Appal at Nobel literature prize rumour
News that Chinese author Mo Yan may have been shortlisted for this year's Nobel Prize in Literature, the winner of which will be revealed sometime this month, has been met with hope but also strong opposition. Critics say little about the merit of his literary works, pointing instead to other aspects of his career.
Mo, for instance, is said to have chosen his pen name, which translates literally to "don't speak", not to protest literary censorship but to remind himself to not say anything which might land him in trouble. He withdrew from the 2009 Frankfurt Book Fair to protest the attendance of dissidents Dai Qing and Bei Ling. He's a vice-chairman of the Chinese Writers' Association. When asked for his thoughts on the 11-year sentence given to Nobel laureate Liu Xiaobo, Mo said he wasn't familiar with the situation and wished not to discuss it.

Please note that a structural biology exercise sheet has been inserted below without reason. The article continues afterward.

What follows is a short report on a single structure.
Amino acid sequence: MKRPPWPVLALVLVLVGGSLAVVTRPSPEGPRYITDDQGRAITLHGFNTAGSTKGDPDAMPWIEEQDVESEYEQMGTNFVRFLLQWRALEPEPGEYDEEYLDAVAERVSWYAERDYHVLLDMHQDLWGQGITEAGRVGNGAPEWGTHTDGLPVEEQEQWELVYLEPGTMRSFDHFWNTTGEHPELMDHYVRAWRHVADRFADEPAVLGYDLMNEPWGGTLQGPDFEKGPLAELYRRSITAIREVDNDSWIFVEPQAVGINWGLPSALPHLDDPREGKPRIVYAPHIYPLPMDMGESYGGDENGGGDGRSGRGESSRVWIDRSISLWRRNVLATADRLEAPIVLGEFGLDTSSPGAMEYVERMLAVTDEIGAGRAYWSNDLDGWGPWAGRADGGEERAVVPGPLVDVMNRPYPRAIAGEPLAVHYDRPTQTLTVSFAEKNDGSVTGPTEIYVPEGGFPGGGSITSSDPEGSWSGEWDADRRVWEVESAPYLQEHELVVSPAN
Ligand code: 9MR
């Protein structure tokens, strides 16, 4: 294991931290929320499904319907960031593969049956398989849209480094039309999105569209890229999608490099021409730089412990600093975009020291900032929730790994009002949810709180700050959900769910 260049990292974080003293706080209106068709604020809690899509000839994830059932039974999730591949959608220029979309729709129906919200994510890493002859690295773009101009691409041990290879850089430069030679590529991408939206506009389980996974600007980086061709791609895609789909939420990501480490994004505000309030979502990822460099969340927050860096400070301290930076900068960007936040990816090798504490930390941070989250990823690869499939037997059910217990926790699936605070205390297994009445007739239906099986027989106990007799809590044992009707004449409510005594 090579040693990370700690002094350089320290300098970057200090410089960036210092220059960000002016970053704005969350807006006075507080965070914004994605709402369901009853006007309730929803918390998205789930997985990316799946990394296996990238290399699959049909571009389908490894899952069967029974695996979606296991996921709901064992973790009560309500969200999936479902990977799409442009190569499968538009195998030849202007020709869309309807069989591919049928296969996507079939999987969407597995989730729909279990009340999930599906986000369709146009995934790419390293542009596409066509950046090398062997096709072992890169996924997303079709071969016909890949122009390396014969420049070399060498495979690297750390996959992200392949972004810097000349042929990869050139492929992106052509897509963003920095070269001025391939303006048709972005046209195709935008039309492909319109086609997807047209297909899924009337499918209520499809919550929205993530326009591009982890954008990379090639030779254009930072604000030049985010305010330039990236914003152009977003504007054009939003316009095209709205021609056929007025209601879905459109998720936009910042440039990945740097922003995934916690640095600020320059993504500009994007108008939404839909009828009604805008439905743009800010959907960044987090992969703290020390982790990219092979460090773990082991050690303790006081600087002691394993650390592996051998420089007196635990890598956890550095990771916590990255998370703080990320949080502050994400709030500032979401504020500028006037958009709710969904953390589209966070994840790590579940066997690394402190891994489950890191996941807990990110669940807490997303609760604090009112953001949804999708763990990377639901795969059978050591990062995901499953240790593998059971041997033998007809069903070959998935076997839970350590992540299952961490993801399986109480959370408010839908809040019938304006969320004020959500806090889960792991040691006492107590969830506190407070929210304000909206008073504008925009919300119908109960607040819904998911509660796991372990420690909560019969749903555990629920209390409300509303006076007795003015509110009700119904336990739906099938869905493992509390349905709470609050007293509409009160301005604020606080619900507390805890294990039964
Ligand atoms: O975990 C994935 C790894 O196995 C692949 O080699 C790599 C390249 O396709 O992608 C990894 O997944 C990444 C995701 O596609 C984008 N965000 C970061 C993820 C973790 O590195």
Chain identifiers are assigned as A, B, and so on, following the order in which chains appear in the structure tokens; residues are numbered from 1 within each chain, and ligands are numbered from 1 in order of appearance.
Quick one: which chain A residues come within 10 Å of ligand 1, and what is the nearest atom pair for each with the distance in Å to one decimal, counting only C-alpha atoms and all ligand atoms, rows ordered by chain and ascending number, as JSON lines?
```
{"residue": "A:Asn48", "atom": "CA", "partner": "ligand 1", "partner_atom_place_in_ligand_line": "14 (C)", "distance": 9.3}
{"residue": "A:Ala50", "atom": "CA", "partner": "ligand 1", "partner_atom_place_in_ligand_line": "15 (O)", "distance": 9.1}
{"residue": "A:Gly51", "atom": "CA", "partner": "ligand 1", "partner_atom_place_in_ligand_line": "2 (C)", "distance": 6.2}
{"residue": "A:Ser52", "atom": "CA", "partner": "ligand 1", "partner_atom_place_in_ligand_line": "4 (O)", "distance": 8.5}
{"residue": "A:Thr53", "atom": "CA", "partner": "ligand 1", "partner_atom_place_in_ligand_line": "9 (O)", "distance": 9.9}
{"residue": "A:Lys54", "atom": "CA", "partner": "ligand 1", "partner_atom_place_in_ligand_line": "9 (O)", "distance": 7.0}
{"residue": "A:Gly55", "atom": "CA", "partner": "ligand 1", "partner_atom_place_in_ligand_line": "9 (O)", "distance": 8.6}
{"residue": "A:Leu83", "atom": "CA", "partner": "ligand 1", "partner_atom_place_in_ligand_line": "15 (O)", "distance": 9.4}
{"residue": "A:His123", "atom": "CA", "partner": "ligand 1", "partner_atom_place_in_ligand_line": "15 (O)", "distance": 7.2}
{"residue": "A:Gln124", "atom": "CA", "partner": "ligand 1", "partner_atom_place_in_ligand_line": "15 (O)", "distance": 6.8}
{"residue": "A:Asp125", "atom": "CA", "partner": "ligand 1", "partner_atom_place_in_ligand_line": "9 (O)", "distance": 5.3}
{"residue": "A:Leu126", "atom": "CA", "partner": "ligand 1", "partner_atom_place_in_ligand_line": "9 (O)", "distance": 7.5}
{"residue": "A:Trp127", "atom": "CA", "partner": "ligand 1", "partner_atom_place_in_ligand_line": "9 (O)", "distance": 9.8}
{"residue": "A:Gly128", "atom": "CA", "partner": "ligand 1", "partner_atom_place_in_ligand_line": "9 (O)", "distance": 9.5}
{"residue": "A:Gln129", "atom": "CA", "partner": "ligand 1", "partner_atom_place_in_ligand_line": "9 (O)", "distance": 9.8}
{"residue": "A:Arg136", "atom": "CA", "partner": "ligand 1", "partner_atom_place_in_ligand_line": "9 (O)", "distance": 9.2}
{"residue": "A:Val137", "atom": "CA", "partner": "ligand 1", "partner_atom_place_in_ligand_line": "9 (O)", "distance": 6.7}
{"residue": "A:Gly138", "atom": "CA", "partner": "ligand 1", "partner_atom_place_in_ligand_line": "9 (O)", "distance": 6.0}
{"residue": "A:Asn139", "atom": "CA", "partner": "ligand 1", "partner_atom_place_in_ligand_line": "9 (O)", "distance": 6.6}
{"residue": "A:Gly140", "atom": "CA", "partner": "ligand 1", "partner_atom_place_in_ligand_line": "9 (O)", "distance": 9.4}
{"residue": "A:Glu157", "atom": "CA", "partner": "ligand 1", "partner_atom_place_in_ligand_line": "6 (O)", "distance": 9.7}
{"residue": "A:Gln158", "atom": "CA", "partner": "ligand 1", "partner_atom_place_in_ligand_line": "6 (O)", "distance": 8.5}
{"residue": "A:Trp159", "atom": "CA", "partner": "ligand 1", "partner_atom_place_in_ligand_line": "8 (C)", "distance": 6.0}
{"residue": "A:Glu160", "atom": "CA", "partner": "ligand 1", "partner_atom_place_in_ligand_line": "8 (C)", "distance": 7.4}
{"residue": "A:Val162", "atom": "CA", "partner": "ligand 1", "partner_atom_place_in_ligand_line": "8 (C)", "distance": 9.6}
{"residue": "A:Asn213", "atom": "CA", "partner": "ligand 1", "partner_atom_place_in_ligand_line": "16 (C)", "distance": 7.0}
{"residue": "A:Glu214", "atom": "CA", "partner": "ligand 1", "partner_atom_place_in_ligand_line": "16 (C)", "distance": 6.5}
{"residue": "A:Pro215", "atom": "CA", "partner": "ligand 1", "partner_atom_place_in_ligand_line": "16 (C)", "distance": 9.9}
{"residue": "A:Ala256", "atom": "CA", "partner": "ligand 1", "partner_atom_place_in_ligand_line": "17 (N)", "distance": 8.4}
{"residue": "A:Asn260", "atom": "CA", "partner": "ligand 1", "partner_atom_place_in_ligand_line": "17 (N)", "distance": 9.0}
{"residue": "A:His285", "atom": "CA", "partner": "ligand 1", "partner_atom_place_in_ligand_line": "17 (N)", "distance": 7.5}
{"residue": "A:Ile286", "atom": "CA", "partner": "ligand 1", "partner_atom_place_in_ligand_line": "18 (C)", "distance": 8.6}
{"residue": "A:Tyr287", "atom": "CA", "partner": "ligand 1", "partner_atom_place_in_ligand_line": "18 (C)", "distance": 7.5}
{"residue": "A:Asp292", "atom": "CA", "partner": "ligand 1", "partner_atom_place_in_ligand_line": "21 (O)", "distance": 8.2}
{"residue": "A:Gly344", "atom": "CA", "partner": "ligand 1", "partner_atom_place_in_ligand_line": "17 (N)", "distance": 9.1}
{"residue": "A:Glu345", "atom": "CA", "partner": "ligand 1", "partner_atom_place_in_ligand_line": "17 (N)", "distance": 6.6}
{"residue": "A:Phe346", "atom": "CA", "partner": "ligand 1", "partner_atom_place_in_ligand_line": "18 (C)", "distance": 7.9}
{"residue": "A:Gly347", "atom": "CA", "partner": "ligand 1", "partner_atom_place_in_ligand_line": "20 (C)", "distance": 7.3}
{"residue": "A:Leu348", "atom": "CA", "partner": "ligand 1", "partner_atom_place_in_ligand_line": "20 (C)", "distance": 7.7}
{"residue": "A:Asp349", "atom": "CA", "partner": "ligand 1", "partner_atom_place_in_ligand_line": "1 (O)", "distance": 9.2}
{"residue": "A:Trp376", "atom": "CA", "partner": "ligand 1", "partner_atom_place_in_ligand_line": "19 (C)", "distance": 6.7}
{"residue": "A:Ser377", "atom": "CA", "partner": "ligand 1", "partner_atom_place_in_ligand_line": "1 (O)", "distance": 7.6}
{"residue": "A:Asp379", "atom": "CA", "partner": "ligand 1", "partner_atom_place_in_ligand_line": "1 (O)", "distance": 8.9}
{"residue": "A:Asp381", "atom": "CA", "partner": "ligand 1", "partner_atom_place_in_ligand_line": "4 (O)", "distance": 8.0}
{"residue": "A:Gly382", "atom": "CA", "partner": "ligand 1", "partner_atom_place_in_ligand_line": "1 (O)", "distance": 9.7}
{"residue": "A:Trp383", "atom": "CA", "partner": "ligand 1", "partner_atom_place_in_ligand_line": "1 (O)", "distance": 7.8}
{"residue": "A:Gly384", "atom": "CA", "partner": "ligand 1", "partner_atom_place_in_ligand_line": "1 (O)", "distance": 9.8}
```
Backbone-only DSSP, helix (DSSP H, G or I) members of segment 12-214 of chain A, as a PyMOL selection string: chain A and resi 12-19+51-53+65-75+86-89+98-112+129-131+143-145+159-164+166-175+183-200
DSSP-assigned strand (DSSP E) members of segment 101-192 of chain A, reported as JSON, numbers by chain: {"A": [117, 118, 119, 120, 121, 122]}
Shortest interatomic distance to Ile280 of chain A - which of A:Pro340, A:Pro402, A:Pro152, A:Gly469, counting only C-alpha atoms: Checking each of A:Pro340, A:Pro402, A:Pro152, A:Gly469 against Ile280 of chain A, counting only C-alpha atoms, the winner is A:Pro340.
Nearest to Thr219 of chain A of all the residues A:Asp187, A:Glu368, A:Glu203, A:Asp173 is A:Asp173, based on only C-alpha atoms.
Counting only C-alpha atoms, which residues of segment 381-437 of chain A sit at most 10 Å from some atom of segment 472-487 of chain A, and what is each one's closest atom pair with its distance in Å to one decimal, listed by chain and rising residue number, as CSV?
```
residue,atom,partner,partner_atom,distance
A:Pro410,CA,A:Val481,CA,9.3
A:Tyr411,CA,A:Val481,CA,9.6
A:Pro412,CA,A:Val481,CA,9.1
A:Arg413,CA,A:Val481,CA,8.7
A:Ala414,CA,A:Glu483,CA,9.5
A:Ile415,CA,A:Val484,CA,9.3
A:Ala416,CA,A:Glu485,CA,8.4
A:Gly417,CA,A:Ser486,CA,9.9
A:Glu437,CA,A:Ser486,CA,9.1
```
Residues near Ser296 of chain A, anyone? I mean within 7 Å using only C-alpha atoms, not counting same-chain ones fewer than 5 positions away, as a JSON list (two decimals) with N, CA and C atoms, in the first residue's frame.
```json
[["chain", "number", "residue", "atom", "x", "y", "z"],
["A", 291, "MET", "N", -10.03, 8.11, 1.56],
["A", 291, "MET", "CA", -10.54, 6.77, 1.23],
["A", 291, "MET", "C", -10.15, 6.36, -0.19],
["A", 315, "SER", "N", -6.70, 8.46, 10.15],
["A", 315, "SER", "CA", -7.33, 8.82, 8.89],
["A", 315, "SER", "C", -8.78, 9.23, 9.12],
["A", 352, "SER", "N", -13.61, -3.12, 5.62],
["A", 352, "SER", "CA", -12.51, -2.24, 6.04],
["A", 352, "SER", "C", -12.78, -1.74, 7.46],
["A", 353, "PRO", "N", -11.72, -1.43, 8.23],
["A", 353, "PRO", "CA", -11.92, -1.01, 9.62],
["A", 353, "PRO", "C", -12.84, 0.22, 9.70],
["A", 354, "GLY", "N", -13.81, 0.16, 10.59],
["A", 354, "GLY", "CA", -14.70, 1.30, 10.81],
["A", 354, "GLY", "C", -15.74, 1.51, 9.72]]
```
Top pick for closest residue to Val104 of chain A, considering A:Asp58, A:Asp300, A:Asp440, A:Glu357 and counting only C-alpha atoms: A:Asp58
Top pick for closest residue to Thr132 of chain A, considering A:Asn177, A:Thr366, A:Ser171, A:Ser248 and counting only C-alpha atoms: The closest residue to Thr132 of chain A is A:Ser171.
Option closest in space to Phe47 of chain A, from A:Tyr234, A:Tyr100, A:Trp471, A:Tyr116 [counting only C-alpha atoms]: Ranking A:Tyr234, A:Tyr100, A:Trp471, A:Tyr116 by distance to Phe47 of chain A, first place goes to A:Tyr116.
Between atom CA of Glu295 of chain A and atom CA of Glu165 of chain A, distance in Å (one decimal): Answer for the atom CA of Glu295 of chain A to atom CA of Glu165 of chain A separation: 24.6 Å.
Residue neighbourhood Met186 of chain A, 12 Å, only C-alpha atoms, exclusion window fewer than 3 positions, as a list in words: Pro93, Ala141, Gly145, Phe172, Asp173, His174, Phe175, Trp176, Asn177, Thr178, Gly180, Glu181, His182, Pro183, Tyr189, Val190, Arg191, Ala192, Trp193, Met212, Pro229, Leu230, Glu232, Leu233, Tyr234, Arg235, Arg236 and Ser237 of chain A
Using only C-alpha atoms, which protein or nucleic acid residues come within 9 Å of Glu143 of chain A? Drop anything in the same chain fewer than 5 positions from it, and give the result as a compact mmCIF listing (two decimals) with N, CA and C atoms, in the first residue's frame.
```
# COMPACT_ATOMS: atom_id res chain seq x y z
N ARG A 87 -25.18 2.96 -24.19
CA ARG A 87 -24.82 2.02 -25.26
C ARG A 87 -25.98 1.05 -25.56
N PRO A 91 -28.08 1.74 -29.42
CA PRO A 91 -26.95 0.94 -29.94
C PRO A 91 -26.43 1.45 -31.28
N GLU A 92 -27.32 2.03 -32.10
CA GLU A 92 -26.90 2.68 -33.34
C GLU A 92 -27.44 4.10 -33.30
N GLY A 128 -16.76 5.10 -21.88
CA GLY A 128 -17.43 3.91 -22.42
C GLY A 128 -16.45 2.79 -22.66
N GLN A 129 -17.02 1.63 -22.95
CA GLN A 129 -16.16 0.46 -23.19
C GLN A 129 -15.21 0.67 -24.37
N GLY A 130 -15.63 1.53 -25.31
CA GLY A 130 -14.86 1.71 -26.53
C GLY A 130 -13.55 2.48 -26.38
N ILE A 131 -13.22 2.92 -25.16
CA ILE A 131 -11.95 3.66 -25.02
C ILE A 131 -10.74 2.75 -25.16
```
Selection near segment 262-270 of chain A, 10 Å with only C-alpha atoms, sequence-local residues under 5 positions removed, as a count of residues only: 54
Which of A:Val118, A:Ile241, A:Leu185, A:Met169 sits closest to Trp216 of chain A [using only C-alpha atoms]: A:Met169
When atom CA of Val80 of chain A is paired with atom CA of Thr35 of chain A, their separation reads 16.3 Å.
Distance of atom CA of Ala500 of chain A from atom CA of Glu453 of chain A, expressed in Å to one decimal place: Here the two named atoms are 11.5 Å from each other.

As for his most recent work, Mo sparked major controversy earlier this year as one of 100 Chinese literary figures who took part in an event to commemorate Mao Zedong by copying by hand Mao's 1942 "Yan'an Talks" speech, which defined which types of art were allowed under communism.
Longtime member of Independent Chinese PEN and writer Liu Di (Stainless Steel Mouse) jokes:
It'll be fun if he does win, let's just see if he dares go to receive it, and if he dares in his acceptance speech to say he's the first Chinese to win a Nobel prize. We'll have to see how he reacts when people ask him about Liu Xiaobo...
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